Spark the Conversation about mental health

National Suicide Prevention Awareness Month takes place every September, but it’s important to be proactive and keep the conversation about mental wellness going strong throughout the year. But if you know someone struggling with depression or thoughts of suicide, approaching them about it can feel daunting.

With that in mind, Nature’s Grace and Wellness has compiled some Do’s and Don’ts to consider when sparking a conversation with someone about their mental health.

Do let them know that you’re there to listen without judgment. You’re initiating this conversation because you care about them and you’re concerned about their well-being and safety. 

Don’t be afraid to be direct and ask hard questions, such as: Are you planning on harming or killing yourself or others? Do you have access to weapons in your home or elsewhere?

Do ask the person what is causing their immediate distress. Asking “what” questions, as opposed to “why” questions allows them to pinpoint the factors contributing to their situation without feeling pressured to justify their feelings.

Do be an active listener. Active listening techniques, such as asking open-ended questions, and using words of affirmation (“I see”) and non-verbal cues (nodding or leaning forward) can help build trust and improve communication.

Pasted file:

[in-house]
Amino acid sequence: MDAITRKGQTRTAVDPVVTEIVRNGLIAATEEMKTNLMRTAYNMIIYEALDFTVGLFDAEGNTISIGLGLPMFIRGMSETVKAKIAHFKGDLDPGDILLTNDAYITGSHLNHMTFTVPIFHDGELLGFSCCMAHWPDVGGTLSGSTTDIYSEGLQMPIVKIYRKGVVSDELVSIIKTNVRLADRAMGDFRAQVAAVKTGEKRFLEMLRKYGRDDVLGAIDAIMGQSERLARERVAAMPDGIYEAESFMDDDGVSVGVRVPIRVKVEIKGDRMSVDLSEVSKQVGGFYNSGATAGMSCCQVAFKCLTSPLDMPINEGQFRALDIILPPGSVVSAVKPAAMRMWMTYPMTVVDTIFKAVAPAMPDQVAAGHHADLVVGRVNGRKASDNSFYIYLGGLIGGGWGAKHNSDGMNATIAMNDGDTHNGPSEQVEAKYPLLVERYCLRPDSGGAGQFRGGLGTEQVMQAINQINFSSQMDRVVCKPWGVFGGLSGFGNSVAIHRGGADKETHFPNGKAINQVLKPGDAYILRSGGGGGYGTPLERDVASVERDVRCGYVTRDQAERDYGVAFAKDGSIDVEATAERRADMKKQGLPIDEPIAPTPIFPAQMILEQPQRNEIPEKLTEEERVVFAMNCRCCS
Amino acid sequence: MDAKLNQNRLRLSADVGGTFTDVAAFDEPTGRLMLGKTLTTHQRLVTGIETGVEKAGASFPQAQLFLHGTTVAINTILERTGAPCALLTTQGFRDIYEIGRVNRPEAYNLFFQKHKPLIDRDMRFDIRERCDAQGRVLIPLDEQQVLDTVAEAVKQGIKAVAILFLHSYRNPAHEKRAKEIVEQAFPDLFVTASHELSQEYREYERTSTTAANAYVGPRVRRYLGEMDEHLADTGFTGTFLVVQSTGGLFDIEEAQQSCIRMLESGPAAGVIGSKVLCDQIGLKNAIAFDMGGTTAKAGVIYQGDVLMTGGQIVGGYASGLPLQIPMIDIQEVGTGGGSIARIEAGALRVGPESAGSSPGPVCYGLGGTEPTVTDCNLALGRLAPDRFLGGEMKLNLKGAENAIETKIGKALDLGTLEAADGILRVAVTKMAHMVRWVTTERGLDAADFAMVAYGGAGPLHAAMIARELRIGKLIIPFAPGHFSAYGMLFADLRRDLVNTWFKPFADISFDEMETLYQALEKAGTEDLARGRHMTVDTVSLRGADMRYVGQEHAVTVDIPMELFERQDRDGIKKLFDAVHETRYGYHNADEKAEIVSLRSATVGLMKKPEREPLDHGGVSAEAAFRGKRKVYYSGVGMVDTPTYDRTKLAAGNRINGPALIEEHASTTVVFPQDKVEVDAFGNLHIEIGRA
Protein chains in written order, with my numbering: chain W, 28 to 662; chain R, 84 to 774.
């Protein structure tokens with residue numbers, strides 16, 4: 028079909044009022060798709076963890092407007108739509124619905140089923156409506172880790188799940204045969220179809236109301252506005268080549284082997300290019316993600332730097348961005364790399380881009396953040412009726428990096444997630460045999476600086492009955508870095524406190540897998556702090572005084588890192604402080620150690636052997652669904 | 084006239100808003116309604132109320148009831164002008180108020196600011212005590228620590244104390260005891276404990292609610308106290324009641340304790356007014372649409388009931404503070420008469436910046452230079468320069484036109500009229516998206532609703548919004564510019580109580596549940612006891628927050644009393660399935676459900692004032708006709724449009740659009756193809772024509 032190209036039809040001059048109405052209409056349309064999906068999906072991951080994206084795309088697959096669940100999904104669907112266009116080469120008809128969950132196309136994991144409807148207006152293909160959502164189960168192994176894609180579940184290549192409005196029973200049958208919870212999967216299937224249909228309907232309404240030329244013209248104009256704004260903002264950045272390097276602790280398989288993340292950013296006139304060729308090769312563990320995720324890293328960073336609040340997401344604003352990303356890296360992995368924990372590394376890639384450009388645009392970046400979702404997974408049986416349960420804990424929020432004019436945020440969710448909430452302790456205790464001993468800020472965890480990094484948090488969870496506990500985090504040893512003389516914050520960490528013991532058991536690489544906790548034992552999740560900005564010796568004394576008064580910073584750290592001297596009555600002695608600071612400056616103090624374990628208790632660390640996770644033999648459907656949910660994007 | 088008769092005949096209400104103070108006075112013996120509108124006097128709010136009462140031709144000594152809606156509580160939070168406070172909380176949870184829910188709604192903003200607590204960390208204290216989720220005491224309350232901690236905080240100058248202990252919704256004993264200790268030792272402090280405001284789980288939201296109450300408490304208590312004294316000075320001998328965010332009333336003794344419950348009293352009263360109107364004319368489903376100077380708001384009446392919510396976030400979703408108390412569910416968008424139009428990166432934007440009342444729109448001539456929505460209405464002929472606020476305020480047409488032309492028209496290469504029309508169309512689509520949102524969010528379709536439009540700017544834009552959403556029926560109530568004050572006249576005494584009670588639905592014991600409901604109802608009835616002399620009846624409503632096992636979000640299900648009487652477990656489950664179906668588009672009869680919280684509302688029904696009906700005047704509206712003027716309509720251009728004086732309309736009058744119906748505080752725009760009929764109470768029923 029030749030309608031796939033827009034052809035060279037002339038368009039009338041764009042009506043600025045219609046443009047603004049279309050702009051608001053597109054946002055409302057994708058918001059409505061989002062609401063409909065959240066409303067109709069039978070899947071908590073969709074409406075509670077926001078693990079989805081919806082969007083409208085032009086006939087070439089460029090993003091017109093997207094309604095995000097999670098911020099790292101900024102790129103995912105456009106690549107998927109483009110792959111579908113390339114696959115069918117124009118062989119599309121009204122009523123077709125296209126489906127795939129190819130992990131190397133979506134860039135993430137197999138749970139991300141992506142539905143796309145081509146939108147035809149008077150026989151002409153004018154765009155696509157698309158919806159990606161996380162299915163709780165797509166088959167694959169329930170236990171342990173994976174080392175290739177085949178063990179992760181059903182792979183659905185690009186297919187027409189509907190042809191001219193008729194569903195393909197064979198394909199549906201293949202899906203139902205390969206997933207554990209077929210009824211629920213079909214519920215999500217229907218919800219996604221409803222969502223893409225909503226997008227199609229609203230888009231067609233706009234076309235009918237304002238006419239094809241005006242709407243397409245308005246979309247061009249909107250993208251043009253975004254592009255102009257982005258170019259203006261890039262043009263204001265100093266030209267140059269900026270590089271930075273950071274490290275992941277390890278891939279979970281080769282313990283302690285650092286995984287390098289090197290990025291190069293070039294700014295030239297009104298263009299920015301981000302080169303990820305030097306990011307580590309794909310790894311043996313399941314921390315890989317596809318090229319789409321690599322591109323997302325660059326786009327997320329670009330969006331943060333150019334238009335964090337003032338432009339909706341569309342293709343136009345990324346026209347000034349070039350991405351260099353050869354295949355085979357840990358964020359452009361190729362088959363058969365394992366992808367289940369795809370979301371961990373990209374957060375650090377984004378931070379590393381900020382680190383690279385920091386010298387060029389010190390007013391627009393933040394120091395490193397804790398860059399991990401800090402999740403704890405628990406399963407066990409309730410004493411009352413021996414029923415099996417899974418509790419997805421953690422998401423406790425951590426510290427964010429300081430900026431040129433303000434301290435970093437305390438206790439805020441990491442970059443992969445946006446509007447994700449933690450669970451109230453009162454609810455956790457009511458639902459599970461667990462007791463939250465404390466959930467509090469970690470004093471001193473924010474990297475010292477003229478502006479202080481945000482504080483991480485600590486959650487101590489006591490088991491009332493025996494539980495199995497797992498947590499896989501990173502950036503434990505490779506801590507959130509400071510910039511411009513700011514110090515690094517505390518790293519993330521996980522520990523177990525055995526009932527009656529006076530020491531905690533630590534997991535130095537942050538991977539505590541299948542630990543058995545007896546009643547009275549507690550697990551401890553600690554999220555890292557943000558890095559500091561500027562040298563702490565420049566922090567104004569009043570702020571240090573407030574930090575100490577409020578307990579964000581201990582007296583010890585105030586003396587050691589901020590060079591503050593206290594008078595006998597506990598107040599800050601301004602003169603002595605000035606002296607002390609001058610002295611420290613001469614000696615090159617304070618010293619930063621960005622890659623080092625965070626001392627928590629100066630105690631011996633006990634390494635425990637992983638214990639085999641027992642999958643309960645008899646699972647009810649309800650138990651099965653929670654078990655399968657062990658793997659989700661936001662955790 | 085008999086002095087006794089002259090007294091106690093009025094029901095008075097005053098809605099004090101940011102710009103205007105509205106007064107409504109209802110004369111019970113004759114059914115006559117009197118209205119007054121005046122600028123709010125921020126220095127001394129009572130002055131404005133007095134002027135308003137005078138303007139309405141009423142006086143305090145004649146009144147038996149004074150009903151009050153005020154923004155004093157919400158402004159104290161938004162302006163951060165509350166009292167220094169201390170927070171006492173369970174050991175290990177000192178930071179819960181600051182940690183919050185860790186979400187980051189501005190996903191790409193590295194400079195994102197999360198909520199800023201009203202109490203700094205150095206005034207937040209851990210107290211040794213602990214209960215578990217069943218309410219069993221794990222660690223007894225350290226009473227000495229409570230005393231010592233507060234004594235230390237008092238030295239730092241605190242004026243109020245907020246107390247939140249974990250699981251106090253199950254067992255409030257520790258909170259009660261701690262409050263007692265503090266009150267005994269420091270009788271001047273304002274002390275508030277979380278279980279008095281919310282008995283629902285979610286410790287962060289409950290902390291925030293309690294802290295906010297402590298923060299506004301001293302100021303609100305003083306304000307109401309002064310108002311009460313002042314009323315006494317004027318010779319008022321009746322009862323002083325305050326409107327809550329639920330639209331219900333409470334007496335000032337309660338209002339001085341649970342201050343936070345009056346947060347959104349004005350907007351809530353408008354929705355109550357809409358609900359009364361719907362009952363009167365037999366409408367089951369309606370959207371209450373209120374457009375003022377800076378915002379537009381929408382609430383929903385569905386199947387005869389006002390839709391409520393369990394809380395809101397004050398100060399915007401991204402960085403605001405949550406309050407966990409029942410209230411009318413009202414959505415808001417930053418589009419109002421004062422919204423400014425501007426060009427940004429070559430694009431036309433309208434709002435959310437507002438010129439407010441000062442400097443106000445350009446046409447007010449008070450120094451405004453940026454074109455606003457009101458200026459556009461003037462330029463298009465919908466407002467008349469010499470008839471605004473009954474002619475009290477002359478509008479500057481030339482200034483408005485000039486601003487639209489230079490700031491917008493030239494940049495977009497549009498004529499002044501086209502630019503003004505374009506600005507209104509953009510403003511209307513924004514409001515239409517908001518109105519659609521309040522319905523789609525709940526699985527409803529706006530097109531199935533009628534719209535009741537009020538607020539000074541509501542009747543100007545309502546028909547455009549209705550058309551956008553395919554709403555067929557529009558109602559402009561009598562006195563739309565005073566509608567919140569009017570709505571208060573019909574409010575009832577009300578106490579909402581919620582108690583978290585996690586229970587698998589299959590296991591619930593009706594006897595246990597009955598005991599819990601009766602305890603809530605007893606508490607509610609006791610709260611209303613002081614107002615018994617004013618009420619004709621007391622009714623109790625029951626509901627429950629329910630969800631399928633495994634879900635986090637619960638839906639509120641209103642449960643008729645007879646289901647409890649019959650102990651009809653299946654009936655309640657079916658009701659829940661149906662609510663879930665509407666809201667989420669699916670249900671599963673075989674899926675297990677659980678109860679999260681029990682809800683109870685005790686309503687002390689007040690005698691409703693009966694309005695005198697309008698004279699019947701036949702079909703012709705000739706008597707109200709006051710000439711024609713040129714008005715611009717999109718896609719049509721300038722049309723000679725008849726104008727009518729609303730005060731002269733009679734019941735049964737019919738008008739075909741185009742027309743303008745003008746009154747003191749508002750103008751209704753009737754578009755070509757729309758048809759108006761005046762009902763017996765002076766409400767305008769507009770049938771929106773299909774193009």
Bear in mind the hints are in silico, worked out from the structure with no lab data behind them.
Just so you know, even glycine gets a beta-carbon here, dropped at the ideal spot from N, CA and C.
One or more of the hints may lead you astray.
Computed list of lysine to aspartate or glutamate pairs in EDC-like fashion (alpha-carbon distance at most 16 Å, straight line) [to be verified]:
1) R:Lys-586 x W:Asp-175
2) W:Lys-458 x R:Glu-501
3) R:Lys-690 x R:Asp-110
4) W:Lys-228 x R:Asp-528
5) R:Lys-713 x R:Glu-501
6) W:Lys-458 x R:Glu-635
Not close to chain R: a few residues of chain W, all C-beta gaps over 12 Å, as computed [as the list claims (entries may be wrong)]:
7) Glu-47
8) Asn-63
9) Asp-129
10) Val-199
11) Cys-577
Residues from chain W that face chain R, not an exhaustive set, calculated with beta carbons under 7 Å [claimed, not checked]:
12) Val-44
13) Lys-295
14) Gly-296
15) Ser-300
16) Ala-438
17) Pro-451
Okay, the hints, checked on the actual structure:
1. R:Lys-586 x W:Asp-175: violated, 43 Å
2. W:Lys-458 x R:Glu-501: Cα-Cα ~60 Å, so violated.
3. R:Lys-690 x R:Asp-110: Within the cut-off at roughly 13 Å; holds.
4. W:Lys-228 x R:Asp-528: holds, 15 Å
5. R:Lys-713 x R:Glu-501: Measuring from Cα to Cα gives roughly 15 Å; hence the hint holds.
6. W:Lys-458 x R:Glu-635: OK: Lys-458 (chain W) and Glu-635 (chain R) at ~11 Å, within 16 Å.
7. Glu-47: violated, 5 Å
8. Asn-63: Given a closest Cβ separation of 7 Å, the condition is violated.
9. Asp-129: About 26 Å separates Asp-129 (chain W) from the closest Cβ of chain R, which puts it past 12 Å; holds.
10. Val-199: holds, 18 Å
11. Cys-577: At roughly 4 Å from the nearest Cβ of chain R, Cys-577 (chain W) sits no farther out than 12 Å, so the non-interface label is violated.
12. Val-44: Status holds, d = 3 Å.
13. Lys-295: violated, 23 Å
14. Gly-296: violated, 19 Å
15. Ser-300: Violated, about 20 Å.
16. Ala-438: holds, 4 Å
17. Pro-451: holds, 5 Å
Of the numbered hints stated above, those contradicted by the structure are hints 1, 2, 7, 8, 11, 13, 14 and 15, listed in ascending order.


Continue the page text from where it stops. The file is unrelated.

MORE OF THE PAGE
Don’t try to diagnose or suggest treatment options.

Don’t center yourself. Many people tend to show empathy by sharing similar experiences or interjecting, but this can inadvertently take the focus away from the person in need of support. 

Do remind the person that they are not alone. 

Do guide the person to reputable resources and doctors, or if necessary, a hospital emergency room.

Don’t leave the person alone if there is immediate danger or the situation feels “off. Trust your intuition.

Do call 911 to request an ambulance and a Crisis Trained Officer in the event of a non-violent mental-health crisis,

Do call 988 Suicide and Crisis Lifeline (formerly the National Suicide Prevention Lifeline) as needed for 24/7 support.

Don’t be afraid to discuss your mental health. Opening up to a doctor, therapist, or a trusted friend or loved one is an act of bravery that can help us become stronger and healthier. 

Do continue to be proactive and Spark the Conversation about sucide prevention.

If you or a loved one are in crisis or having thoughts of suicide, please dial 988, call 1-800-273-TALK (8255), or text TALK to 741741. If 911 is needed, ask specifically for an ambulance and for a Crisis Intervention Trained (CIT) police officer. To learn more about Nature’s Grace and Wellness, visit

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